Wherever Wayman Tisdale went, whatever he was doing, chances were he was smiling.
Tisdale was a three-time All-American at Oklahoma in the mid-1980s before playing a dozen years in the NBA and later becoming an accomplished jazz musician.
But those who knew Tisdale, who died Friday at a hospital in his hometown of Tulsa, Okla., recalled not only his professional talents but a perpetually sunny outlook, even in the face of a two-year battle with bone cancer that took his life at age 44.
“I don’t know of any athlete at Oklahoma or any place else who was more loved by the fans who knew him than Wayman Tisdale,” said Billy Tubbs, who coached Tisdale with the Sooners. “He was obviously a great, great player, but Wayman as a person overshadowed that. He just lit up a room and was so positive.”
Jeff Capel, the current Oklahoma coach, noted Tisdale’s “incredible gift of making the people who came in contact with him feel incredibly special.”
After three years at Oklahoma, Tisdale played in the NBA with the Indiana Pacers, Sacramento Kings and Phoenix Suns. The 6-foot-9-inch forward, with a soft left-handed touch, averaged 15.3 points for his career. He was on the U.S. team that won the gold medal in the 1984 Olympics.
Tisdale averaged 25.6 points and 10.1 rebounds during his three seasons with the Sooners and was voted Big Eight Conference player of the year each year. He still holds Oklahoma’s career records for points and rebounds, as well as its single-game scoring mark — 61 points against Texas-San Antonio as a sophomore.
Gov. Brad Henry attended Oklahoma at the same time Tisdale did and later appointed him to the state’s Tourism Commission.
“Oklahoma has lost one of its most beloved sons,” Henry said. “Wayman Tisdale was a hero both on and off the basketball court. … He was one of the most inspirational people I have ever known.”
Tisdale learned he had a cancerous cyst below his right knee after breaking his leg in a fall at his home in Los Angeles on Feb. 8, 2007. He said then he was fortunate to have discovered the cancer early.
“Nothing can change me,” Tisdale said last June. “You go through things. You don’t change because things come in your life. You get better because things come in your life.”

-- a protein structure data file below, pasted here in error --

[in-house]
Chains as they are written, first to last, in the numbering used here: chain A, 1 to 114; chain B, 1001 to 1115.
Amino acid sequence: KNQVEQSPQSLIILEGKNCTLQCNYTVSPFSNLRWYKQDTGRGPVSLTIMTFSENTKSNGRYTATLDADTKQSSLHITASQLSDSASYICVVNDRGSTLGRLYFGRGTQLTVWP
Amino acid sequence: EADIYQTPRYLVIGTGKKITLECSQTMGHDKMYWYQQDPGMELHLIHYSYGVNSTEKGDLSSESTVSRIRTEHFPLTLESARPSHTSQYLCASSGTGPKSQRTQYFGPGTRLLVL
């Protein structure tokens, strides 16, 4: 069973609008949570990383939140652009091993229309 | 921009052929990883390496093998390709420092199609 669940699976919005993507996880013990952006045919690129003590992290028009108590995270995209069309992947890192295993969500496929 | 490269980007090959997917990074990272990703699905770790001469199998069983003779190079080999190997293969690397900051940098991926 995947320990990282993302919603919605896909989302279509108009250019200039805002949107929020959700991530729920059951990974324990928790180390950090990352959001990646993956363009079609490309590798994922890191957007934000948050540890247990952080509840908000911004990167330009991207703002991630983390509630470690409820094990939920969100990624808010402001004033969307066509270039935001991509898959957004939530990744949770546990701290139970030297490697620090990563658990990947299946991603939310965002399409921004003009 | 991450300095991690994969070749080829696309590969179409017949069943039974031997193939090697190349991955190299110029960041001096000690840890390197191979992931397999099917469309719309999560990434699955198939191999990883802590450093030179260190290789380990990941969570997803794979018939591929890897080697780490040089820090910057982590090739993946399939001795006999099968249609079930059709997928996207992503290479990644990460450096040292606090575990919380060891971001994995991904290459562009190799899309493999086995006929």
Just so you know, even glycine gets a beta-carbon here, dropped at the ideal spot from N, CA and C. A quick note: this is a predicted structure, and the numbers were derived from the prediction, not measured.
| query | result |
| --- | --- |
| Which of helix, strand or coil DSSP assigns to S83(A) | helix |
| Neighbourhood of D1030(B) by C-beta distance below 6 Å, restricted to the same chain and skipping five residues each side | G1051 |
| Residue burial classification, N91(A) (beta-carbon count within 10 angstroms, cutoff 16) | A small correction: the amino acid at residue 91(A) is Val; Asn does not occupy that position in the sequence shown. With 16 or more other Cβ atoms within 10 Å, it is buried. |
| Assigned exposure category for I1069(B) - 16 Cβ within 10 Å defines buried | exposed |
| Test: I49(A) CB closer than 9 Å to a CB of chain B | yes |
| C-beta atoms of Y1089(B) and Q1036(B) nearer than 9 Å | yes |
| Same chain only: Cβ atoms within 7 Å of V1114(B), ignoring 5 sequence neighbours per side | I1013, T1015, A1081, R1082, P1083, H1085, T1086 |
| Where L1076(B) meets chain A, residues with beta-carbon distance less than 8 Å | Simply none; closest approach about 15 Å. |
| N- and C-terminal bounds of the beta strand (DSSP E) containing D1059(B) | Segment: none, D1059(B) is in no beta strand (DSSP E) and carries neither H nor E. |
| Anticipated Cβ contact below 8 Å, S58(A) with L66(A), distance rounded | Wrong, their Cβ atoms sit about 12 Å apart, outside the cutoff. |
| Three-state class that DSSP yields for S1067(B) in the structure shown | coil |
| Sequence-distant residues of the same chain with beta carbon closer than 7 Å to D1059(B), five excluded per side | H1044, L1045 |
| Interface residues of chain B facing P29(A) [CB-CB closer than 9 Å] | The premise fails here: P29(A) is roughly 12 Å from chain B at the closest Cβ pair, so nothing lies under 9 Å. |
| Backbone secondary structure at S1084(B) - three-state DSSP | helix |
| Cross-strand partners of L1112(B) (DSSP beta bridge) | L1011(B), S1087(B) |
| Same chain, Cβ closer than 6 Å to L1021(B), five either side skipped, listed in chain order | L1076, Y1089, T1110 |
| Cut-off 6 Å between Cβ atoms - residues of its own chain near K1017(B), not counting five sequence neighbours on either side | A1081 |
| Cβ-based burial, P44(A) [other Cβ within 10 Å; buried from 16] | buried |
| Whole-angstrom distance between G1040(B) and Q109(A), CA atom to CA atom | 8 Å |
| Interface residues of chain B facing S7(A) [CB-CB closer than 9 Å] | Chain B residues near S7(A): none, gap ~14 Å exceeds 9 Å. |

His leg was amputated in August, and a prosthetic leg he wore was crimson, one of Oklahoma’s colors. In April, he said of his cancer, “In my mind, I’ve beaten it.”
Tisdale was the first freshman to be a first-team All-American since freshmen were allowed to play varsity ball again prior to the 1971-72 season. He was one of 10 three-time All-Americans. Patrick Ewing and Tisdale were the last to accomplish the feat, from 1983 to 1985.
Tisdale played on an Olympic team that sailed to the gold medal in Los Angeles. The squad was coached by Bob Knight and featured the likes of Ewing, Michael Jordan, Sam Perkins and Chris Mullin.
Perkins and Tisdale shared a love of music and became friends during the Olympics. Perkins later was the best man at Tisdale’s wedding.
“That’s a real friend who’s got your back and would do just about anything for you,” Perkins said. “That smile just gets you.”
As a musician, Tisdale recorded eight albums. A bass guitarist who often wrote his own material, his most recent album, “Rebound,” was inspired by his cancer battle and included guest appearances by several artists, including saxophonist Dave Koz and country star and fellow Oklahoma native Toby Keith.
Tisdale’s “Way Up!” release debuted in July 2006 and spent four weeks as the No. 1 contemporary jazz album.
He performed in Las Vegas in April at the City of Lights Jazz Festival. He told the Review-Journal in an interview that he was more into music than basketball as a youngster.
“I didn’t want to play basketball. My older brothers got me into it and made me like it, you know. They showed me the lucrative side of it,” Tisdale said. “Then I fell in love with the game. But I never threw music away.”
He said his fight with cancer toughened him and enriched his music.
“I had a lot of trials and tribulations, but you know what? It makes it better,” Tisdale said. “Music became more meaningful in a different way. My interpretations, my melodies got better.
“Things happen for a reason. When you listen to my music, I want to make you happy. That’s my personality.”
Tisdale is survived by his wife, Regina, and four children.
Review-Journal reporter Steve Bornfeld contributed to this report.